Learn something new every day
More Info... by email
A nicotine test is a form of drug testing used by employers or insurance companies to determine whether a person partakes of tobacco products such as cigarettes. Nicotine testing can be done with either urine or a saliva sample and works by measuring the chemical made in the body when nicotine is introduced. It can detect the recent use of all kinds of tobacco for about four days. These tests help employers and insurance companies to determine the amount of possible risk involved in new employees.
Some employers and/or insurance companies require a person to take a nicotine test before being hired, during employment, or before acquiring an insurance policy. As larger companies typically provide some sort of health insurance, they may try to reduce costs by not hiring a tobacco user if allowed by law. Some even go so far as to require random tests for incumbent employees. The majority of health insurance providers require a test for nicotine be passed before they agree to grant coverage; some may deny tobacco users coverage all together. Nicotine home drug testing kits are also available for purchase at several drug stores, allowing parents to test their children if they so choose.
This test can be done with a urine or saliva sample and works by measuring the level of cotinine in the body. Cotinine is the chemical that is produced by the body when nicotine enters the blood stream. Standard tests have a cut off of 200 ng/ml, although the more advanced saliva test can register from zero to 2,000 ng/ml.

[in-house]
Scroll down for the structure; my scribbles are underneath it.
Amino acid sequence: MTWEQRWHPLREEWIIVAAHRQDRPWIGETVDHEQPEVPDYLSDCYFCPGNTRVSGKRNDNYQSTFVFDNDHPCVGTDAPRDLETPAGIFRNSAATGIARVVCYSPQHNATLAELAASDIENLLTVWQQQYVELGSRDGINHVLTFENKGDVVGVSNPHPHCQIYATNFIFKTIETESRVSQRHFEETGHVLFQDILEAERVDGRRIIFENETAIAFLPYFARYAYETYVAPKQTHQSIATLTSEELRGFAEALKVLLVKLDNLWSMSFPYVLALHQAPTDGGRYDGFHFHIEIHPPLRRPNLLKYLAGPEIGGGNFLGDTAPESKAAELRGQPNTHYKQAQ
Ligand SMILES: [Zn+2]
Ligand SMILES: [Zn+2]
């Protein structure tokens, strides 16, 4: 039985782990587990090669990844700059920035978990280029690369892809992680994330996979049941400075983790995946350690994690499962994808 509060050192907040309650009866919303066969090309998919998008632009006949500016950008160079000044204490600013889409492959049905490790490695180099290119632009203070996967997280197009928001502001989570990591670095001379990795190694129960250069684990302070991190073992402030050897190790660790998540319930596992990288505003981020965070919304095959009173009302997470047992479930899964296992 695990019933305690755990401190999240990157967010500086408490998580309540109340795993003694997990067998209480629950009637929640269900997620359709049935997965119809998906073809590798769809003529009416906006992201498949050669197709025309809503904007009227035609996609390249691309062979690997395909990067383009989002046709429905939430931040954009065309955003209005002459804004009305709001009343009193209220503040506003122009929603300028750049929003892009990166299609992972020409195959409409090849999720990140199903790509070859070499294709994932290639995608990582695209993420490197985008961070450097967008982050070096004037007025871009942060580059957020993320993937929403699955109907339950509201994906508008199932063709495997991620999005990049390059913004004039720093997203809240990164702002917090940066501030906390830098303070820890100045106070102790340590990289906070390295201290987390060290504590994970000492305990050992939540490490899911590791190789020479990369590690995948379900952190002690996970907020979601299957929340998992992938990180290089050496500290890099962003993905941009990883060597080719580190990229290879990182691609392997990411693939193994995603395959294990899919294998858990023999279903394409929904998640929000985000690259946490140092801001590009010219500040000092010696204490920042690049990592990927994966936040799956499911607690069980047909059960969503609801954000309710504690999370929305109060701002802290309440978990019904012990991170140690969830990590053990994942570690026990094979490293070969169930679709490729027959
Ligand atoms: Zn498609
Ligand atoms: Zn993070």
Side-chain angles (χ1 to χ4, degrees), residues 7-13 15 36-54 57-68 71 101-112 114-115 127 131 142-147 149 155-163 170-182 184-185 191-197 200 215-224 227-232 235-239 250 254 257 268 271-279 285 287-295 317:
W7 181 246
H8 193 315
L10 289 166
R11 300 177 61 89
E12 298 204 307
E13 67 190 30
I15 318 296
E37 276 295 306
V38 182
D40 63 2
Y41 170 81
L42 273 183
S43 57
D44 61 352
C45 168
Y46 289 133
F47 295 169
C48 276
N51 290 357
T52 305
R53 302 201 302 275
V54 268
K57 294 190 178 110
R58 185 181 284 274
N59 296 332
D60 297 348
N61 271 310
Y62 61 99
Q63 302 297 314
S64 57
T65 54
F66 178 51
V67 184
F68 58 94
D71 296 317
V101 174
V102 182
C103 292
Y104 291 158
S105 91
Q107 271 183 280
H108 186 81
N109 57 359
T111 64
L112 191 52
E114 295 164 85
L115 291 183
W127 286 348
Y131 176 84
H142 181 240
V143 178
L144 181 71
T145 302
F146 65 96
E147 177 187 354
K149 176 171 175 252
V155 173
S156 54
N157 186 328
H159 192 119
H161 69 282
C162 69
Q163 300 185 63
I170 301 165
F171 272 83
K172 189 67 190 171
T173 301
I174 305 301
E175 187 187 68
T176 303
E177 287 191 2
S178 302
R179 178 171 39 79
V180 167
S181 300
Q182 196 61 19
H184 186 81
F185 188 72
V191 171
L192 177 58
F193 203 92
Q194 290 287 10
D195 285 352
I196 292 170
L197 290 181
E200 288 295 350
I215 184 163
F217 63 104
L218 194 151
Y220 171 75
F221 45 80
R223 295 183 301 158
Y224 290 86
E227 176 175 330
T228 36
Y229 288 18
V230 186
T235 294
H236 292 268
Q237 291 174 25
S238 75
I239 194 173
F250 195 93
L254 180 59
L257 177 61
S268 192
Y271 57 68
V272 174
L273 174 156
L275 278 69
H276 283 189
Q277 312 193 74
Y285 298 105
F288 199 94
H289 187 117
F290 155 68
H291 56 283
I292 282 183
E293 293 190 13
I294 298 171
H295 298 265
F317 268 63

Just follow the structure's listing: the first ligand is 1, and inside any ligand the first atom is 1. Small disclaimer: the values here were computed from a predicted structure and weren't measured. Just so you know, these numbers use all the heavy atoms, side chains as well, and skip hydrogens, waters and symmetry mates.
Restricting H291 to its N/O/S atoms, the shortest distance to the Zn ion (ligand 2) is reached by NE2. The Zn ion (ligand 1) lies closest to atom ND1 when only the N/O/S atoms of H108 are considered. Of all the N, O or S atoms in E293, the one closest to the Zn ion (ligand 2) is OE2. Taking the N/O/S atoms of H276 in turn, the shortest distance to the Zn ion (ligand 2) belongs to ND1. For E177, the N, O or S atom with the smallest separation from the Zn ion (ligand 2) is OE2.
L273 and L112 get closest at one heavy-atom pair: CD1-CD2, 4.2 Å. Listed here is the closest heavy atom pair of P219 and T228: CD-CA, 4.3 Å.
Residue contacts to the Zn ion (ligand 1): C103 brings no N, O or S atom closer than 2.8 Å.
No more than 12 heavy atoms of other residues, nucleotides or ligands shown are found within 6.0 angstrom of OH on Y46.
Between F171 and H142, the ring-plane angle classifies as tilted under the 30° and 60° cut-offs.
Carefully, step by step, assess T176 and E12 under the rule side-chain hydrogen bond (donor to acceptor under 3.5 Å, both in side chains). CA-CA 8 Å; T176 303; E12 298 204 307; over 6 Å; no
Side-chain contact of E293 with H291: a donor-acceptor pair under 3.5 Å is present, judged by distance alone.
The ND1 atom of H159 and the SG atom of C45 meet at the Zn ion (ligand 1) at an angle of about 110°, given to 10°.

A standard test is carried out with a urine sample, and this test is the most common one sold over the counter. A testing strip is placed in the sample for five minutes and will show how much, if any, cotinine is present in the body. This type of test can register use in the past four days or longer for frequent smokers.
The most accurate nicotine test is arguably the saliva test. For this, a person must provide a saliva sample, which soaks a test strip. Results are available to the tester after 20 minutes. This type of test is typically preferred by insurance companies and employers because it eliminates the need to handle urine. The saliva test is also able to detect much lower ranges of nicotine than the urine test, thereby providing a more comprehensive idea of the amount of tobacco used by a person.
The purpose of a nicotine test is usually to determine how much of a risk a person is to employ or cover. Those who use nicotine products are more likely to develop several different health issues than those who do not; they typically miss more days of work than non-tobacco users for ordinary health issues, such as colds.
What are the legal ramifications of denying employment to someone because that person is a tobacco user? After all, we're talking about someone who is engaged in a legal activity, so is it OK to exclude that person from unemployment simply because their health insurance costs might be a little higher?
Using that criteria, companies could rationalize denying employment to all sorts of people who engage in any activity that is deemed even the least bit risky by an insurer. That's a disturbing scenario.